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Eyes Staring Upward – Dystonia

Eyes staring upward. Is it Oculogyric Crisis?

Eyes staring upward. Is it Oculogyric Crisis?

One very distinctive symptom that has haunted my son since this whole psychosis ordeal began is weird episodes of staring up toward the ceiling, sometimes for hours at a time.

It begins with a flicker of one or both eyes looking upward and may not progress right away.  But usually within 15 minutes or so, my son seems to lose control over the muscles in his eyes and his eyes roll upward, but not back in his head.  For a short time, he can force himself to look forward but he says it is painful, and eventually his eyes appear to be “stuck” staring at the ceiling.    We’ve noticed that he gets a faraway look and dark circles under his eyes, before and throughout the staring episode.  I sometimes find descriptions of similar experiences online, where the phenomena is referred to as Oculorgyric Crisis.

The short summarized version: These episodes appeared about the same time that he was diagnosed with Schizophrenia, and began taking anti-psychotic medication four years ago.  Staring episodes sometimes progressed into a state of catatonia that would last for up to eight hours.  The frequency and severity diminished as we reduced some anti-anxiety drugs (such as Trileptal) and the neuroleptic Risperidone (Risperdal).  After slowly switching to Abilify and then adding twice daily doses of Benztropine MES, his staring episodes all but disappeared.

Last month, we began switching from Abilify to Geodon (Ziprasidone HCL), with good results as far as hallucinations go.  But unfortunately, we have noticed a recurrence of the staring episodes.  Throughout this 4 year long ordeal, the only way to put an end to a staring episode, once it has started, is to get “Cole” to fall asleep.  A .5mg dose of Xanax helps end the staring, either by calming him or by helping him fall asleep.  We have been extremely careful to resort to the Xanax solution sparingly.  Never ever more than once a week.  Usually only about once a month, due to the addictive quality of this medication.  “Cole” has enough problems; he certainly doesn’t need opiate addiction added to the list!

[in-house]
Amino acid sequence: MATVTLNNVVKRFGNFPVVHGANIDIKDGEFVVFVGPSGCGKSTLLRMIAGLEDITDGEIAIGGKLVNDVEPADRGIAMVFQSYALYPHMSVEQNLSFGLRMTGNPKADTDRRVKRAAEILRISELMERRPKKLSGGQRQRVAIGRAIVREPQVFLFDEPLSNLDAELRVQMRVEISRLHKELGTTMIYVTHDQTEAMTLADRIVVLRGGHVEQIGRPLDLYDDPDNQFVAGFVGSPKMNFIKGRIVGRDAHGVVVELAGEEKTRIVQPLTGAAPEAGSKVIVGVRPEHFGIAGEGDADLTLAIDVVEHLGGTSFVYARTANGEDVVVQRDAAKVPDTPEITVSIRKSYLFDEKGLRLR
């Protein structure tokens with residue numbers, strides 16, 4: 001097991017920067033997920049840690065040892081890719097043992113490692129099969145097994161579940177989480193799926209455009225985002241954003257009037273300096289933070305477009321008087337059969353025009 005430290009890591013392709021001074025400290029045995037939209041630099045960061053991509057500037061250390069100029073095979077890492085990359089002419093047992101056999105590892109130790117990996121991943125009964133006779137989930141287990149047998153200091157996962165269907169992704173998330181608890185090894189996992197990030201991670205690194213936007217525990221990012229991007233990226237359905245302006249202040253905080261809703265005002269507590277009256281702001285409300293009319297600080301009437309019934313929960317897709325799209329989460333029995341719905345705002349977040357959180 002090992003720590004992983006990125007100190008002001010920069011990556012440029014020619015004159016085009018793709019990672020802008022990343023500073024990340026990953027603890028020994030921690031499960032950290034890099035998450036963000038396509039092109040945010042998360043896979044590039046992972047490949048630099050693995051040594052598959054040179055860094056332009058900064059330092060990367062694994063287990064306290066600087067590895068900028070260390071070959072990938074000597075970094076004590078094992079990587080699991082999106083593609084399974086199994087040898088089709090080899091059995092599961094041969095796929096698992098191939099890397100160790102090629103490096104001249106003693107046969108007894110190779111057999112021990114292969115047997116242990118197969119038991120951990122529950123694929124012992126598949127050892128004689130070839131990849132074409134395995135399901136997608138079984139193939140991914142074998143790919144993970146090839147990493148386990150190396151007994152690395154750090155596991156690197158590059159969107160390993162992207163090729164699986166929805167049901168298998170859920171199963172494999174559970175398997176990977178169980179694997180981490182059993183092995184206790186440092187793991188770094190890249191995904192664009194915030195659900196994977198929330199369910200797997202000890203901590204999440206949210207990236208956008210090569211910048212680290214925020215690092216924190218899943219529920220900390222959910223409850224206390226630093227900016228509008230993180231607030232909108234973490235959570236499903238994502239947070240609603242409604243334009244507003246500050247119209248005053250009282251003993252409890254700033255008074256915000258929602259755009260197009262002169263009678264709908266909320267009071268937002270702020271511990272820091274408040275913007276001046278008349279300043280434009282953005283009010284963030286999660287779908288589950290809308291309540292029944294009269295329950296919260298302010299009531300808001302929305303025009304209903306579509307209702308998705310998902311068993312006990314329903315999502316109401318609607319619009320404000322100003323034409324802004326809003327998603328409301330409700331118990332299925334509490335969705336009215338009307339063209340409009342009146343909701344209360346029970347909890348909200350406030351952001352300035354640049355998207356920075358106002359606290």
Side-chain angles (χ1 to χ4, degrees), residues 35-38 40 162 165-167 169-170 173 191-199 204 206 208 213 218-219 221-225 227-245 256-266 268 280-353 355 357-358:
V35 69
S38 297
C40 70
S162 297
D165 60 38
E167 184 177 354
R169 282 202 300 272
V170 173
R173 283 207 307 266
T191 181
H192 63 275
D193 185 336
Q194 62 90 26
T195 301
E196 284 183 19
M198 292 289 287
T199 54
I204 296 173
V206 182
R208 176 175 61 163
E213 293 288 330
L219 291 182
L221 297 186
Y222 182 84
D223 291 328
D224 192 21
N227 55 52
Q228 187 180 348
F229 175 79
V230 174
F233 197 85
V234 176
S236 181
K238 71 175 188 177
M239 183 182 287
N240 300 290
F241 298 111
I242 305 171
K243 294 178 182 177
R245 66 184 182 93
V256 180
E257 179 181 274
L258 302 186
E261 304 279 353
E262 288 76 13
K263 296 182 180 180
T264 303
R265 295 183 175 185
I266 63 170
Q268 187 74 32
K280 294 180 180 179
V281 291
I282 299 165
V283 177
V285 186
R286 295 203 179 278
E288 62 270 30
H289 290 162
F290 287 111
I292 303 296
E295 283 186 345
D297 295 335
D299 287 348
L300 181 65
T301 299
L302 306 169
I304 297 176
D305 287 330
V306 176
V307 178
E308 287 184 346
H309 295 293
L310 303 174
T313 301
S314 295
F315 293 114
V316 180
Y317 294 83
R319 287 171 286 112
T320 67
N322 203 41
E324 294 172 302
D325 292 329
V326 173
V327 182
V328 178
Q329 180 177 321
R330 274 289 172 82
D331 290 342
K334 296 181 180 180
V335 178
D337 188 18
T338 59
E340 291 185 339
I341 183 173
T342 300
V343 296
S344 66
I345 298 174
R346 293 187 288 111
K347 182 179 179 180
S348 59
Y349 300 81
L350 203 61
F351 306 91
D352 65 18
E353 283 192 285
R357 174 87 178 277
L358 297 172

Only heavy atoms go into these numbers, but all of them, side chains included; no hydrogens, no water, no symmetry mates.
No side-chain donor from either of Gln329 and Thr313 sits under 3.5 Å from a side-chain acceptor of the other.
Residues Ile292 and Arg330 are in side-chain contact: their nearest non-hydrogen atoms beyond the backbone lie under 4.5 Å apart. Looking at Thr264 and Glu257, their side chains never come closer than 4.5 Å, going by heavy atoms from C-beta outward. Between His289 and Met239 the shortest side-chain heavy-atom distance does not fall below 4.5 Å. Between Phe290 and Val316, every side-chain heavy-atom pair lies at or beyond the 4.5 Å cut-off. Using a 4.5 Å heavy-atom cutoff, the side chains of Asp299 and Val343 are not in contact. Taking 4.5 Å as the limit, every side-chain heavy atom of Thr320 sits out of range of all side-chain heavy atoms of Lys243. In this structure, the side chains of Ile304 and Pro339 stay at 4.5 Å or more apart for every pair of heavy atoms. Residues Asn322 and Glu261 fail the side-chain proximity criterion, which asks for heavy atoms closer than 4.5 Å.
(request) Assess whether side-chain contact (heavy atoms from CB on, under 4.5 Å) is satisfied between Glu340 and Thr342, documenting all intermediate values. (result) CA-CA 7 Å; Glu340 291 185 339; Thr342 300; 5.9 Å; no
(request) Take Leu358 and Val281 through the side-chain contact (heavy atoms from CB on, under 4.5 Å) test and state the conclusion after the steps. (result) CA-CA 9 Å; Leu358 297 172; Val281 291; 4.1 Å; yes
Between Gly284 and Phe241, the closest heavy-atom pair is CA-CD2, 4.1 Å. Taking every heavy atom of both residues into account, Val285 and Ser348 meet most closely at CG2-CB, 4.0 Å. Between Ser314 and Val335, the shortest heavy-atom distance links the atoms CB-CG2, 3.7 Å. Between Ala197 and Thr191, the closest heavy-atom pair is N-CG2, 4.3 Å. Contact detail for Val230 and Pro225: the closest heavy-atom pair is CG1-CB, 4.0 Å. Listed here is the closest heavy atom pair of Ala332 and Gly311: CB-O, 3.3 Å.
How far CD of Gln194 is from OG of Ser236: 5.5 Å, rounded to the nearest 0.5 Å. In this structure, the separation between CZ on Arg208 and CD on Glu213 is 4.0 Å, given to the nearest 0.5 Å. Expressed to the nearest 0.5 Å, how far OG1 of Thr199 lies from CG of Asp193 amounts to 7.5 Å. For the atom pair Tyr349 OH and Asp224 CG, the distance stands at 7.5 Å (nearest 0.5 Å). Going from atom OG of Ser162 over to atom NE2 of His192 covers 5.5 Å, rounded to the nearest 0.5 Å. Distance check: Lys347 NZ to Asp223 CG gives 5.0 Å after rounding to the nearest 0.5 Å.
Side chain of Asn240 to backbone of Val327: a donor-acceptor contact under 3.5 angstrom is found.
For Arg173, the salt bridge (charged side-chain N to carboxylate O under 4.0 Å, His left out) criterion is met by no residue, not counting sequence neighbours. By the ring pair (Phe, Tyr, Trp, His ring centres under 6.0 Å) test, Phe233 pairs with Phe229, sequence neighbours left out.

The full backstory:
When the staring first appeared, I thought it was part of his hallucinations.  He looked as though he had seen a ghost and was frozen in fear.  If it began while my son was in the bathroom or alone in his room, and the episode was allowed to progress without someone else realizing it … his appearance became truly terrifying.  He would be motionless, sweating, staring upward, unblinking, eyes watering and mouth drooling.  A horrifying sight to walk in on, and not know how long your child had been stuck in this hell!?  I would lead him slowly to bed, and it would not end until he finally fell asleep for 20 minutes or more.

As it continued, I suspected that it was reaction to needing his evening medicine (at that time: Rispirdone and Depakote), because it often started in the early evening. I took video of it happening while shopping in Target, and in the car.  Cole would press his palms to his eyes, to force them closed and grimace in pain.  We would hurry home, give him his meds, and encourage him to lie down and sleep.  Sleep: the only thing I ever found to end the staring.  As you may know, sleep doesn’t always come easily to a person with Schizophrenia, so to achieve it we sometimes have to resort to Xanax (.5 mg)  or a long boring ride in the car!

Eventually, I  wondered if it might be a seizure?  I showed video of the staring to his GP Doctor who referred me to a Neurologist.  The Neurologist said it was doubtful that it was a seizure and encouraged me to show the video to his new Psychiatrist.  Both the Psych Doc and Neurologist were skeptical that the staring was a seizure, but were not sure.  For one thing: Cole was already taking Trileptal (which replaced the Depakote) for mood stabilization purposes.  Trileptal and Depakote are anti-seizure medications, so if it was a seizure, these drugs would have raised the threshold.

The episodes were so frequent by this point, that they had become truly debilitating.  They would happen several nights a week and go on for hours.  The Psych doc and Neurologist would gently hint at “behavioral” causes, which I found pretty insulting.  Had they watched the video?  My kid was obviously in pain and his eyes stuck staring upward was so clearly involuntary!  I took their “behavioral” comments to mean that he was somehow acting this out to manipulate me.  Or pretending, which I knew without a doubt, was not the case.  He was already getting plenty of undivided attention from me, and there was absolutely no reward for him in the scenario. (They began long before the Xanax prescription).